Daniel Newman: I think you hit it on the head in that very last couple sentences that you said. There are some rules and there are some regulatory stuff by FTC and related to claims made, but Apple and burden of proof is very complicated. They can make a lot of claims. And if someone debunks it, there’s a difference between maybe debunking and arguing with the claim and the actual ability for someone to want to stand up in a court of law or actually have a body like the FTC pursue those claims. Apple is able to draft off of an immense amount of market trust that it has created, that has made it the most valuable company in the world on multiple occasions. And I believe at this moment, as we speak, there’s a reason that despite constantly lagging on features and technologies, whether that was in the Mac or in the smartphone slash mobile device space, that their sales and revenues and margins have always been off the charts.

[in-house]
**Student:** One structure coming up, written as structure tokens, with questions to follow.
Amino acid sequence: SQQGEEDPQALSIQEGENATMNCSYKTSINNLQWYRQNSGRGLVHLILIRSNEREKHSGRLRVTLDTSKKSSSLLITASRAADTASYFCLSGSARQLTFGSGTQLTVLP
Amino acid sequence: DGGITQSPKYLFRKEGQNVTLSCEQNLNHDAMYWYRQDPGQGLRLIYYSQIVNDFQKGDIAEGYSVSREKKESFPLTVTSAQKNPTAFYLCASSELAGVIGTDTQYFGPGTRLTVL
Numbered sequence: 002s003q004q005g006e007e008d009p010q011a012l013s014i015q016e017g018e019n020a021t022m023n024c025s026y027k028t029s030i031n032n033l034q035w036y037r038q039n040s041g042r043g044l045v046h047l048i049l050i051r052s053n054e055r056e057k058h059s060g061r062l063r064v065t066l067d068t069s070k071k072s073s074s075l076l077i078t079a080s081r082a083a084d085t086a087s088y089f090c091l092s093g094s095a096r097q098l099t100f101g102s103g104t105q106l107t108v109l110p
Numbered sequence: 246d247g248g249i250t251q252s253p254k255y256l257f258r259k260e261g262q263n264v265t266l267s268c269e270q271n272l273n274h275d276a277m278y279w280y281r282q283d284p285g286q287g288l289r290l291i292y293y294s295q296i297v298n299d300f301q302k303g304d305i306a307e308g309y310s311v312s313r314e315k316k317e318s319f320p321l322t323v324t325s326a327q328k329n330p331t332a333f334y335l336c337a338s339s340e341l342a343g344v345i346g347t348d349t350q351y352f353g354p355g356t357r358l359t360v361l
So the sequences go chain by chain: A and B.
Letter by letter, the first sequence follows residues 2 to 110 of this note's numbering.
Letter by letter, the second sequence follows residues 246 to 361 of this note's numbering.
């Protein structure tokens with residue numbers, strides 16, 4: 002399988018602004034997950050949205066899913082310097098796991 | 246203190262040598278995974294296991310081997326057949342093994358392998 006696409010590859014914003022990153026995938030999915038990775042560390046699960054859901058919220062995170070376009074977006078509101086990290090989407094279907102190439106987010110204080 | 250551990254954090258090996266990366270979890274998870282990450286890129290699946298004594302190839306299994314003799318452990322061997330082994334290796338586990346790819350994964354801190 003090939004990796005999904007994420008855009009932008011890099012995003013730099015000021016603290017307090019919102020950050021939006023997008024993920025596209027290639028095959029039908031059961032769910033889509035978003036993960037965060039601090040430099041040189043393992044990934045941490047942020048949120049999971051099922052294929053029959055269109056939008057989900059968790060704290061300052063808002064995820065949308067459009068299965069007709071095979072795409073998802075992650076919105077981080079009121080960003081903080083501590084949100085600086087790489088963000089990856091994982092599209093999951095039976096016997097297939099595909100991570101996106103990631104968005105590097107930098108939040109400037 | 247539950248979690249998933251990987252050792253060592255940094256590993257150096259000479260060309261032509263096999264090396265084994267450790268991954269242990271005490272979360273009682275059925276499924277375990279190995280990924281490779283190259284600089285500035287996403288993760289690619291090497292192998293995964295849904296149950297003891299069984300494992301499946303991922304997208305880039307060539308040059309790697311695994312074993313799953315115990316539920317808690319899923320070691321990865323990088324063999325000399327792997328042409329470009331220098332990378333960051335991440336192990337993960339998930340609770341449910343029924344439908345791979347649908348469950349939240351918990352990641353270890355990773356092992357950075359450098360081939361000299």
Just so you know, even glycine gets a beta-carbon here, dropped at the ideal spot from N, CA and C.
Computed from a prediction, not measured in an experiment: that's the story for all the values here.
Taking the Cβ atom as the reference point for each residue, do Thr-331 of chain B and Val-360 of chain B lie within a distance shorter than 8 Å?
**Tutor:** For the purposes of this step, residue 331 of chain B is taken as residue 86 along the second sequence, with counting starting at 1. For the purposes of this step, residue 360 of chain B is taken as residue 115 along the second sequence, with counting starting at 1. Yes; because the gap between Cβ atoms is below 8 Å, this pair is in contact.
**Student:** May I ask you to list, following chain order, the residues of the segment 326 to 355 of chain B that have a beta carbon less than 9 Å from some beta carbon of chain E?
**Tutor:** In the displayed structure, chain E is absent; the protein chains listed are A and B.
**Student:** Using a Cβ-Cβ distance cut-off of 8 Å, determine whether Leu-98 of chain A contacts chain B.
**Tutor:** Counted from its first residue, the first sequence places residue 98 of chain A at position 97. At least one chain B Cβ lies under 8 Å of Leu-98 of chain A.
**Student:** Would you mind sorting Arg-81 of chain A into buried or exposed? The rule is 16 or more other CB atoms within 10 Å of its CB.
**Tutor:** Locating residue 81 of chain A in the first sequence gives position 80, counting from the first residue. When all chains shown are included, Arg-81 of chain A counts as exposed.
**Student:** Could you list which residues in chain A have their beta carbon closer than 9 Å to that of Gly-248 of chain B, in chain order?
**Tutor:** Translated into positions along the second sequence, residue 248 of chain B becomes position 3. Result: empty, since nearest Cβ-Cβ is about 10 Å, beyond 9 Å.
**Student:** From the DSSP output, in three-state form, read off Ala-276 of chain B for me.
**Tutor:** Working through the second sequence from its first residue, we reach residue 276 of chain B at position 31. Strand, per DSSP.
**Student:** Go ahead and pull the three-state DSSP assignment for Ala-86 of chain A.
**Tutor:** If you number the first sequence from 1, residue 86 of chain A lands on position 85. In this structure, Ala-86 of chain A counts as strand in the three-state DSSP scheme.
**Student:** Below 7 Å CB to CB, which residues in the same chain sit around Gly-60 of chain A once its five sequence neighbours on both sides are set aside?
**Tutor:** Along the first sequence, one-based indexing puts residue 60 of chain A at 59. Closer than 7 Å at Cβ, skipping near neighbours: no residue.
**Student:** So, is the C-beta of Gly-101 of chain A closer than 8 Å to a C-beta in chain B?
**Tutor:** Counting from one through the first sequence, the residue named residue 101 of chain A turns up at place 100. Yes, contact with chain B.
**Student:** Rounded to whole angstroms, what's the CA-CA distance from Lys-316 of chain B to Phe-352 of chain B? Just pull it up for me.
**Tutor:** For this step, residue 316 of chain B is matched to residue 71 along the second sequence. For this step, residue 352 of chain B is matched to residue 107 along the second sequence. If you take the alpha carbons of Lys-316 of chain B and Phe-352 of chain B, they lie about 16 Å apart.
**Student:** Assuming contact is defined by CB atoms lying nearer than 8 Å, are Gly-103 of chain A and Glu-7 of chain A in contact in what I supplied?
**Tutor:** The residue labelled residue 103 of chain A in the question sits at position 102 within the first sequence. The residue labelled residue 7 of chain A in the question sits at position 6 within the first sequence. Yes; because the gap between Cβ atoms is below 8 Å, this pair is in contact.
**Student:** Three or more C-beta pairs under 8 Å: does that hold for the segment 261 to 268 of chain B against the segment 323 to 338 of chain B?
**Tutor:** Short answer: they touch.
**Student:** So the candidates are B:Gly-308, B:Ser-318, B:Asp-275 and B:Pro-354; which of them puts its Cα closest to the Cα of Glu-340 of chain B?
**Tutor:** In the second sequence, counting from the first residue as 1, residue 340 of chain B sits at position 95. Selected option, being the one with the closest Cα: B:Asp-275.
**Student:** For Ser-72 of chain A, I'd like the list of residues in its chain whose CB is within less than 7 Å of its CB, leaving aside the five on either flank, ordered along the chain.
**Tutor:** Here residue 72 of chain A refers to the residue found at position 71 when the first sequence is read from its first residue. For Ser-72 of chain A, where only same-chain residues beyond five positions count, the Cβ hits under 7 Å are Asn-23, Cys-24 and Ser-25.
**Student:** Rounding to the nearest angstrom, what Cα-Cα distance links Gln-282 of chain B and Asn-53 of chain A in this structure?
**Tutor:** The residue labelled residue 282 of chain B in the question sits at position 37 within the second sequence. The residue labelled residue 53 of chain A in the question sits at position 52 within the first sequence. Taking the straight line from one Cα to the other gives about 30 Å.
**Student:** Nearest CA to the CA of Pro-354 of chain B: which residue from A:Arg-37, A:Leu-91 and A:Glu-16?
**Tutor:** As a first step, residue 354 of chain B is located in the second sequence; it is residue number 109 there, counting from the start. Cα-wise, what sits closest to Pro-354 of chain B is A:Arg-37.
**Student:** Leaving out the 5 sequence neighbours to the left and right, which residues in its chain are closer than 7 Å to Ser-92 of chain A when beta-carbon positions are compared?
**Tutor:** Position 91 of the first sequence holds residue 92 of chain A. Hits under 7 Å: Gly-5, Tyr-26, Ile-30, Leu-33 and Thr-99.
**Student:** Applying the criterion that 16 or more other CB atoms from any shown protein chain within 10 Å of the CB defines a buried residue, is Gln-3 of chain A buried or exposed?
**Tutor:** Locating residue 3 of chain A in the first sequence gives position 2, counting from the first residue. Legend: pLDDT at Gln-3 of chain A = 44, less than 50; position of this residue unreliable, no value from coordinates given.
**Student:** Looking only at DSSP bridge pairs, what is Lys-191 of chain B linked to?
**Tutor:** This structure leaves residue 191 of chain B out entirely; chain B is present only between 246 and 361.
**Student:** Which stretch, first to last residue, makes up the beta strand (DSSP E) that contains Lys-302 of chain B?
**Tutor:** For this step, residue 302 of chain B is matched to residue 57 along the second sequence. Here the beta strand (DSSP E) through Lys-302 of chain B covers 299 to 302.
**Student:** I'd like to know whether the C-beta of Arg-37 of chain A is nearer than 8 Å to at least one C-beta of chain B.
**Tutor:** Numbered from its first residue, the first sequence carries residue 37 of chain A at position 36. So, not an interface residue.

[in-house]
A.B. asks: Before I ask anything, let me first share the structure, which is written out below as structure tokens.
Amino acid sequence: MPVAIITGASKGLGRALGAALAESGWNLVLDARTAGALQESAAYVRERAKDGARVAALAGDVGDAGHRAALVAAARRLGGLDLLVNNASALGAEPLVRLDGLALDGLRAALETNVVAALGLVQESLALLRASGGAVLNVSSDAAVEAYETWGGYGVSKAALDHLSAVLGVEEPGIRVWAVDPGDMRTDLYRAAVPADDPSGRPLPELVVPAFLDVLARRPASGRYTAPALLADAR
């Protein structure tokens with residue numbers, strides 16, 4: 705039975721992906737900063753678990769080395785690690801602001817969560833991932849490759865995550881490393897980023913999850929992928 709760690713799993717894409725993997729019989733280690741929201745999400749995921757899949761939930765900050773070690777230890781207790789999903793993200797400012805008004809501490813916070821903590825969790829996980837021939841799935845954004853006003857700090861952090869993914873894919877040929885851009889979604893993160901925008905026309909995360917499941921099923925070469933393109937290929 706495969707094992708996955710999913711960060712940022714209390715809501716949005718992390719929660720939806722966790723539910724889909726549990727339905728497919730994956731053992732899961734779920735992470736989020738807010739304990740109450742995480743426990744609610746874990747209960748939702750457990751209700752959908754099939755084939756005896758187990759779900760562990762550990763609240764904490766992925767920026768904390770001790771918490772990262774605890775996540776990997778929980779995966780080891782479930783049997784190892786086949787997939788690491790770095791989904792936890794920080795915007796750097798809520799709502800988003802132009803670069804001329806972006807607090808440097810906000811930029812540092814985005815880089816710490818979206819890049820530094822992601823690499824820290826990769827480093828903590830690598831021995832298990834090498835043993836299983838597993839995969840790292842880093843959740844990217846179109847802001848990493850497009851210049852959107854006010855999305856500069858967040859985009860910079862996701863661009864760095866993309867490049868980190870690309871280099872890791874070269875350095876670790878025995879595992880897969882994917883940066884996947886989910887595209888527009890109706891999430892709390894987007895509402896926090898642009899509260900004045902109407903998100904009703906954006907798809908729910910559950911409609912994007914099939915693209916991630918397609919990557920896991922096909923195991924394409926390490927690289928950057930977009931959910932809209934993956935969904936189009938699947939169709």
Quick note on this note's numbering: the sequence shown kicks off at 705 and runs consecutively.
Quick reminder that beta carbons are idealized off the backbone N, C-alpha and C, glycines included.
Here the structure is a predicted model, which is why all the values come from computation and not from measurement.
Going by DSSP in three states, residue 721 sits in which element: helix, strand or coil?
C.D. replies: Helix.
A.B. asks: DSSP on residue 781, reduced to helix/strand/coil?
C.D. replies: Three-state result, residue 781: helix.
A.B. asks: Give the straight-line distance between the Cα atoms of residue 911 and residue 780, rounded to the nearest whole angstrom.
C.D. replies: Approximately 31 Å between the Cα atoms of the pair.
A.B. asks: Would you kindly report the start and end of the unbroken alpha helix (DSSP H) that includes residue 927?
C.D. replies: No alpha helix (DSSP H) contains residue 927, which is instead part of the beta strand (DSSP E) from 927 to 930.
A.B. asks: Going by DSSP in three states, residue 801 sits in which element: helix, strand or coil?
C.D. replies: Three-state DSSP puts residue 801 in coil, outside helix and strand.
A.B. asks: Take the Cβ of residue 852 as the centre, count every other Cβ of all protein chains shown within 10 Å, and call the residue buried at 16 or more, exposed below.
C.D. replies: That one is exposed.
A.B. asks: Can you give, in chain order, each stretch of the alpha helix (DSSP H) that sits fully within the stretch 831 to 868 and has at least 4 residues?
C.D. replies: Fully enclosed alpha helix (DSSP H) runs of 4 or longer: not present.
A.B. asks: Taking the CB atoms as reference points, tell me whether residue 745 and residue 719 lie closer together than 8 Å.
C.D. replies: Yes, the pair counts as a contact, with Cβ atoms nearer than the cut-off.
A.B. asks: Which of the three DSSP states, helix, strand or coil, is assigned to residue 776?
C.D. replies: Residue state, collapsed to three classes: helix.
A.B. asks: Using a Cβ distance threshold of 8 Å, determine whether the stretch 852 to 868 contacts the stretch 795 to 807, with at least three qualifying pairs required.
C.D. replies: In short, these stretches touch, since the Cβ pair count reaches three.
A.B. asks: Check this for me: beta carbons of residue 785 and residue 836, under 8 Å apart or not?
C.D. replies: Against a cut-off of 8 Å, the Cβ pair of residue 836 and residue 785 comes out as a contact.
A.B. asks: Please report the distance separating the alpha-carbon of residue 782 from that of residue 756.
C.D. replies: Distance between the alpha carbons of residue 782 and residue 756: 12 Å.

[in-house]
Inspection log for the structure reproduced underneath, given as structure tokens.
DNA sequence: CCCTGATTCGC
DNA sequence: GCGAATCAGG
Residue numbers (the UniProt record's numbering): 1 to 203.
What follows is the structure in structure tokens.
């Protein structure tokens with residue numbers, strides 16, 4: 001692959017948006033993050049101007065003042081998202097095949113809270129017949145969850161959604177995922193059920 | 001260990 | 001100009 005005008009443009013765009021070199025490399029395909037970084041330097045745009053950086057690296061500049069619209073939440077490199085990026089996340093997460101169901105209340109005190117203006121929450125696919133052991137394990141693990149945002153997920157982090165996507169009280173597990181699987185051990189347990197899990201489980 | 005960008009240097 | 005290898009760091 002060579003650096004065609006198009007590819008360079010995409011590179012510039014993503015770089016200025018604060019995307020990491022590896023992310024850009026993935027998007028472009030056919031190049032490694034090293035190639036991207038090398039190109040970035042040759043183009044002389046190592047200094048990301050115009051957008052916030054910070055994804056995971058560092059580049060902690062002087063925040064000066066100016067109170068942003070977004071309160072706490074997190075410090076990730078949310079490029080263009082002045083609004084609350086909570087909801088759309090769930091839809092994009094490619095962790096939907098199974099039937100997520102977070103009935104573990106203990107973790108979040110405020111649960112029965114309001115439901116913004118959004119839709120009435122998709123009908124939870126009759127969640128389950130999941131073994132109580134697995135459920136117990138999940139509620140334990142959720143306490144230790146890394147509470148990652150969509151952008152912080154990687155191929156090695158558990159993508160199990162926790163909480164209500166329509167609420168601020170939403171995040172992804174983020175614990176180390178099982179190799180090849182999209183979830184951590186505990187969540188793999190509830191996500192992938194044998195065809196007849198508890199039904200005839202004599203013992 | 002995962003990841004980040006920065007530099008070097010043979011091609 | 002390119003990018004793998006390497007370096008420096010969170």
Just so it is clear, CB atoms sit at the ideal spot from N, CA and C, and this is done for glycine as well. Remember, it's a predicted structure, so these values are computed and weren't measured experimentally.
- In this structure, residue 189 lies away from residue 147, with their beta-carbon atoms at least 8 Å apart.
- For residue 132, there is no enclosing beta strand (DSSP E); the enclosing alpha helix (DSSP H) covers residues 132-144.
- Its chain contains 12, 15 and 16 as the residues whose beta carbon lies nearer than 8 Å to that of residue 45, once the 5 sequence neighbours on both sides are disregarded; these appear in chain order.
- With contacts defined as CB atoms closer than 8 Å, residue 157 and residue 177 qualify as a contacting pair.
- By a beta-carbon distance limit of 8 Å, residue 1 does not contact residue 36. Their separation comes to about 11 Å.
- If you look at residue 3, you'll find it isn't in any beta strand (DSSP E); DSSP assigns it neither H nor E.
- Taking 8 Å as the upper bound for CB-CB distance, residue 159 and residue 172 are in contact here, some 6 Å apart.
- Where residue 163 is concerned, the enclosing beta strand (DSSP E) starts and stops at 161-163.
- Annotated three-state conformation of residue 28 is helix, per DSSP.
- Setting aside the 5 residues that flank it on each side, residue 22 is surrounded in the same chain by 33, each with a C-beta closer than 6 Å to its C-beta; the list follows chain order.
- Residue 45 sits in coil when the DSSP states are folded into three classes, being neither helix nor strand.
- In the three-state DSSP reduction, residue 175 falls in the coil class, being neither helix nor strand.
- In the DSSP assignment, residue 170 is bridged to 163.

It goes back a couple years to when we were trying to explain to the market why Apple was abusing its power in what they tried to do with Qualcomm, what we talked about earlier. It also is a reason that Apple store, the most obvious instance of antitrust that I can find in the world is still not being regulated or enforced at any level. I don’t mean to go off the reservation, but you covered the particular instance well. I just love that you said trust because in my opinion, it’s all about the fact that people buy on, they take pictures of the pretty charts. They agree and believe the performance without any third party validation or any legitimate third party skeptic analyzing that data. And like you said, by the time those four or five days later, how many orders are already in for these products before the company’s even required to present evidence?